Feb 19, 2021 | SPORTS | By Mar Jackson
Although the Colorado College mascot is a tiger, a Canadian goose may be more fitting. All year round, the geese patrol campus, leaving ample evidence of their passage in their wake. While the geese interact with many campus-goers, the athletic community appears especially burdened by these feathered residents.
A close call with the geese caused one member of the men’s tennis team to reevaluate his affinity for the birds.
“I used to think seeing geese during practice was exciting,” Sam Hum ’21 said, “but the other day I learned I shouldn’t look up when the geese are flying overhead. I was about to serve when some geese flew over the courts. I looked up and saw droppings coming down. Luckily, they landed a couple feet away from me. I spent the rest of practice trying to avoid slipping on droppings.”
Interactions with the geese’s natural fertilizer are not uncommon amongst athletes.
“They aren’t out there when we are, but there is plenty of poop in the fields, which is pretty annoying,” soccer player Camille Weaver ’21 said.
Adding to this sentiment, Maggie O’Donnell ’22 of the women’s lacrosse team said, “Before CC turfed Stewart Field, we would play, stretch, slip, and fall in poop. After practice, our locker room would be full of poop — it was definitely unpleasant.”
Despite the impossible nature of avoiding goose poop, athletes have been attempting different methods to avoid physical altercations with the birds themselves.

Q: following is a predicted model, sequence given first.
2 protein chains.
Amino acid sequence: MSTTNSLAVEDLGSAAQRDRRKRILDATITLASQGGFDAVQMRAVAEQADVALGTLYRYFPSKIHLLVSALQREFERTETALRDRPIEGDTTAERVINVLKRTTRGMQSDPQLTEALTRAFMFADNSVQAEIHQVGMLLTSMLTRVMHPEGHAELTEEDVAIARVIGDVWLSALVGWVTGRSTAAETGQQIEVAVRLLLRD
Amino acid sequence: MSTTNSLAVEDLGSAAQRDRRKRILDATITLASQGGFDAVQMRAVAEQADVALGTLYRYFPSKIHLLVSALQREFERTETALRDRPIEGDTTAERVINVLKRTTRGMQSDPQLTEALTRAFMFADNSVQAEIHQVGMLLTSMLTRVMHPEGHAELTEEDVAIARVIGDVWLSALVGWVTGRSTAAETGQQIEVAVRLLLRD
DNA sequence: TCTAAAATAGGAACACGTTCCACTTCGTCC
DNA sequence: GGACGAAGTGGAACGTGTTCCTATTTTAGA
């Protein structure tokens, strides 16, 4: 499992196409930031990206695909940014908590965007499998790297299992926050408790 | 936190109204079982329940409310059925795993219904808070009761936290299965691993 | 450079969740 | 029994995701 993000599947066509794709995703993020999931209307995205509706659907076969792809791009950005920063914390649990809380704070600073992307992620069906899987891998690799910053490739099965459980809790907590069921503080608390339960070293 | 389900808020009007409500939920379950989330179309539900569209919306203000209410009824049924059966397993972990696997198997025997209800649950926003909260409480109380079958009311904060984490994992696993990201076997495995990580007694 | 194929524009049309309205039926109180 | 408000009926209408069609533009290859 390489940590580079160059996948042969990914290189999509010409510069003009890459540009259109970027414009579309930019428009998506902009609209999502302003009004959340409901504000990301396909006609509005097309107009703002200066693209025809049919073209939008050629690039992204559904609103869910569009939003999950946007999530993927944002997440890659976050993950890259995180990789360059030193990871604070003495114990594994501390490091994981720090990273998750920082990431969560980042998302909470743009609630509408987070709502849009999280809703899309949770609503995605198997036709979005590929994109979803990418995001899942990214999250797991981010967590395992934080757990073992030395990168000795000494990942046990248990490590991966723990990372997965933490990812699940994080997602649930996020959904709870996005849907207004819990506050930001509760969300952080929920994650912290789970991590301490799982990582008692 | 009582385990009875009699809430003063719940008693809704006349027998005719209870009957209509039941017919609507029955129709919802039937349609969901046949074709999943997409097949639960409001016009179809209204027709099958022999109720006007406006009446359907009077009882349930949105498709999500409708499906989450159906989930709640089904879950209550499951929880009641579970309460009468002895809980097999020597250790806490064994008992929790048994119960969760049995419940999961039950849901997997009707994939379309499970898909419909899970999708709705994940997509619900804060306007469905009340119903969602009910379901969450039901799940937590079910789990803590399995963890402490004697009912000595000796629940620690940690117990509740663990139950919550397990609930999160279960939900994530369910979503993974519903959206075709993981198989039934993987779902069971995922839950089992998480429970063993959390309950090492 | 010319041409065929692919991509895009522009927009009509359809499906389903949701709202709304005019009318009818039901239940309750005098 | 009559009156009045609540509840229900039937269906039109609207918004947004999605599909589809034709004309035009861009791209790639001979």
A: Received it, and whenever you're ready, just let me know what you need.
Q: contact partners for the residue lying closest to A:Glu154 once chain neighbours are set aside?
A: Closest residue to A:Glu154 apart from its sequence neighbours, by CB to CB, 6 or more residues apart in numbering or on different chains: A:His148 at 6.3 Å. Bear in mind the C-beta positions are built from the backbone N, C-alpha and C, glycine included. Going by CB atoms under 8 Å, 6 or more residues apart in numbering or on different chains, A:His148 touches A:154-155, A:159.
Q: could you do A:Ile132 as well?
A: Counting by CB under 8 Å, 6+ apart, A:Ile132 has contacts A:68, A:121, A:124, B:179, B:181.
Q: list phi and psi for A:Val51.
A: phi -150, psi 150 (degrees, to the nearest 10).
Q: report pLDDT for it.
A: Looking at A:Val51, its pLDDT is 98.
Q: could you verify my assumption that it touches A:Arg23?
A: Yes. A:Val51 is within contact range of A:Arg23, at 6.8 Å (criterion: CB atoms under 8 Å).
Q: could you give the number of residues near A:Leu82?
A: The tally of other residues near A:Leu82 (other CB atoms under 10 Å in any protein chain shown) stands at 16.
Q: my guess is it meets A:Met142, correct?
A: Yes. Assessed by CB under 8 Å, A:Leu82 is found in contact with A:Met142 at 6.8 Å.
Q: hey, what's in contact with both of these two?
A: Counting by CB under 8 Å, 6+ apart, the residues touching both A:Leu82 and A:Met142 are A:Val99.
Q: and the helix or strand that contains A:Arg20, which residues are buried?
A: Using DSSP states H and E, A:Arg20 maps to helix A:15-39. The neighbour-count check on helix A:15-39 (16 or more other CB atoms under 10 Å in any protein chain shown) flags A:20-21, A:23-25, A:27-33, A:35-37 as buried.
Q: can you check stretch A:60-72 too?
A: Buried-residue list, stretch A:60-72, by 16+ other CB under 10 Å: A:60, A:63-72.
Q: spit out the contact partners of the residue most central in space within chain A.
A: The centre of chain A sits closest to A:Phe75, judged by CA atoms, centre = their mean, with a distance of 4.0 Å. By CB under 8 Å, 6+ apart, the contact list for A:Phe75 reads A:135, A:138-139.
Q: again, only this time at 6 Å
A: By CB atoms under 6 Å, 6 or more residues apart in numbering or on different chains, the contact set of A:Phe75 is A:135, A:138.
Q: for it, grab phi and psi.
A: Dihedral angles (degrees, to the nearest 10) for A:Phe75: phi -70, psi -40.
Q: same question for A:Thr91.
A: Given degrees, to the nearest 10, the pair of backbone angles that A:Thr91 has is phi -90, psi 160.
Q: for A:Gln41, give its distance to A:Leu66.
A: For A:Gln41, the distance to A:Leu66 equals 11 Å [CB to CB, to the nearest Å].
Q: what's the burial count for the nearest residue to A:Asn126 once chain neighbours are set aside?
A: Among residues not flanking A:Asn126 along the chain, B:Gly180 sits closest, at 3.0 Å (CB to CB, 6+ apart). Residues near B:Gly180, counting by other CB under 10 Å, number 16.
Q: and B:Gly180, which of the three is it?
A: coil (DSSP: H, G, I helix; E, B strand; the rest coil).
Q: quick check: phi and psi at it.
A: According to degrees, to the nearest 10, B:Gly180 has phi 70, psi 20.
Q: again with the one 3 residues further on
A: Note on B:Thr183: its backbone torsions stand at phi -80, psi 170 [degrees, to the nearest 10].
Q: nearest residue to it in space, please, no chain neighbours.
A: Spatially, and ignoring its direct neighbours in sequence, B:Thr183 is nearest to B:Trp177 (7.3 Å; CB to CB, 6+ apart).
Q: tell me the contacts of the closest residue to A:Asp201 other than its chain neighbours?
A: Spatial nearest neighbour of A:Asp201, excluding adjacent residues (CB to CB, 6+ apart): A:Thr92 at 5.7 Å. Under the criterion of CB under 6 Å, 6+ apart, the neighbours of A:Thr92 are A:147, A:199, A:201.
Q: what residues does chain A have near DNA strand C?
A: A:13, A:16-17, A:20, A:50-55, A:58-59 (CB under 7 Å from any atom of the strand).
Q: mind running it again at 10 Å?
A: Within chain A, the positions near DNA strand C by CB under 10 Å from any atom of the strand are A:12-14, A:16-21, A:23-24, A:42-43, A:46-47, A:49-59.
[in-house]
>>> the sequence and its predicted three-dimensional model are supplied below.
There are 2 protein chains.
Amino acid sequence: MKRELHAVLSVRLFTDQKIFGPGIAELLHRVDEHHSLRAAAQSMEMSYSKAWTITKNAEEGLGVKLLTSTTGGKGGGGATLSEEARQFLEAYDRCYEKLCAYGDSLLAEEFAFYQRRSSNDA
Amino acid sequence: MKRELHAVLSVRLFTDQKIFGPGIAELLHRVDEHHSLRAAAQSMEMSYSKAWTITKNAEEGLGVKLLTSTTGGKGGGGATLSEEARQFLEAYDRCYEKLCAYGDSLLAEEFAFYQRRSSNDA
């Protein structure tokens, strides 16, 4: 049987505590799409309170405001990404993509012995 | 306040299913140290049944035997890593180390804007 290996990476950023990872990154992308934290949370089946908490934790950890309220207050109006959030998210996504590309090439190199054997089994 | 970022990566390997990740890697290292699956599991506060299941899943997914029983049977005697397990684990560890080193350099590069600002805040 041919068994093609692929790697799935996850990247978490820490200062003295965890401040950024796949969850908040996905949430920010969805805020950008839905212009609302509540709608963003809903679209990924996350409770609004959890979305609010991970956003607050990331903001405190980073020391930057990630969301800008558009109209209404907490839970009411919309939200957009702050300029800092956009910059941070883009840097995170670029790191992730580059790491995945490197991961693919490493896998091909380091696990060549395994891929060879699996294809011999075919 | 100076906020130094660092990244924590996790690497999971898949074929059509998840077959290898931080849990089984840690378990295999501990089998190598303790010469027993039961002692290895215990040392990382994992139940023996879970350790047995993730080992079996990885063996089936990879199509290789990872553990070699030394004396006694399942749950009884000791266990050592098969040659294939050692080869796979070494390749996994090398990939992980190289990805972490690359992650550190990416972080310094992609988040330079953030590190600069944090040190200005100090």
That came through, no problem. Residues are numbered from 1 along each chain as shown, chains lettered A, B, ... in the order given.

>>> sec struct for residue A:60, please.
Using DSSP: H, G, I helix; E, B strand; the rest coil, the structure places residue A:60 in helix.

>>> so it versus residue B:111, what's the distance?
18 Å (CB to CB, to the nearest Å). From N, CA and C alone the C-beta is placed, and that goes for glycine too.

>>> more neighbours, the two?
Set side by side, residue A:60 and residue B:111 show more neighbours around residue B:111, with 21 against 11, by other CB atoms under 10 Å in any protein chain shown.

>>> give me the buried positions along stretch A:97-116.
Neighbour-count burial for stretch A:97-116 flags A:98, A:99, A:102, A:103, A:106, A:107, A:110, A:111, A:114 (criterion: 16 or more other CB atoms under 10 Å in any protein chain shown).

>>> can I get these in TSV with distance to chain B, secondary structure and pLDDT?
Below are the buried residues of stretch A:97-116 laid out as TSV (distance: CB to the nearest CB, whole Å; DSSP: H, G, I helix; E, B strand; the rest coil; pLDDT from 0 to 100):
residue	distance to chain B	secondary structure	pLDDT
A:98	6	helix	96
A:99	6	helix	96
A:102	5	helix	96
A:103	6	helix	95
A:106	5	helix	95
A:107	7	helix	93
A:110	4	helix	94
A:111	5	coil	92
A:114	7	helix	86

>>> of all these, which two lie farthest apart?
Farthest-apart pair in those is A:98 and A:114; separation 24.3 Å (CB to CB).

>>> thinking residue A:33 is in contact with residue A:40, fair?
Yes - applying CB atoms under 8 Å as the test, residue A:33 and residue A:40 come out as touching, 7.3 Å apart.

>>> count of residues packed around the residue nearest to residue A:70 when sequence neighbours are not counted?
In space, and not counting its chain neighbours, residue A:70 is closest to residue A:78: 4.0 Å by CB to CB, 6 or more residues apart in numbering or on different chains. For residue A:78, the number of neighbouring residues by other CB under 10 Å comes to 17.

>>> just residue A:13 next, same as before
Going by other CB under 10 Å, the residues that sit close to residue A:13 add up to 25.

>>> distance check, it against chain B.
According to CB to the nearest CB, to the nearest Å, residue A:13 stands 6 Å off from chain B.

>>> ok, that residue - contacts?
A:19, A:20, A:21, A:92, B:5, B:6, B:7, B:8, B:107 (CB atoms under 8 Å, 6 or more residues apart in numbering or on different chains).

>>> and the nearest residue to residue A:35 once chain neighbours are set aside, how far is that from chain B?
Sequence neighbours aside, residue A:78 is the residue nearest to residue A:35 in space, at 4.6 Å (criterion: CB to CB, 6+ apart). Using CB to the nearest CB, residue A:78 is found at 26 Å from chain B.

“A pack of geese will stay on the path while I walk towards them and stare at me. I end up having to walk around them and step in geese poop!” Kendall Accetta ’23 of the women’s cross-country team said. Though passive approaches may not work, bolder methods have also yielded little success thus far.
Accetta’s teammate Dafna Williams ’23 explained, “Sometimes, with friends, we try and yell intimidating things at the geese to scare them off.” Evidently, the geese are unfazed by athletes charging them and an effective method to scare them off has yet to be determined.
Even though CC’s geese are commonly regarded as a nuisance, Megan Koch ’22 on the women’s cross-country team shared a different opinion: “In my mind, if we are training outside, it is the geese’s home and we should respect that.”
Urbanization vastly reduces biodiversity and the successful adaptation of geese to the city life warrants them some admiration. Appreciating the geese may be difficult for athletes; however, their speed makes them deserving of respect. At 30 miles per hour, a common goose can outfly the fastest runner. “I’m only scared when I’m running alone. I’m vastly outnumbered and know they can fly much faster than I can run,” cross-country runner Max Saliman ’23 said.
While there are downsides to the geese’s presence, athletes of all sports have learned to live among these feathered friends. In the wise words of Koch, “If goose poop is the worst part of your workout, your workout might not be hard enough.”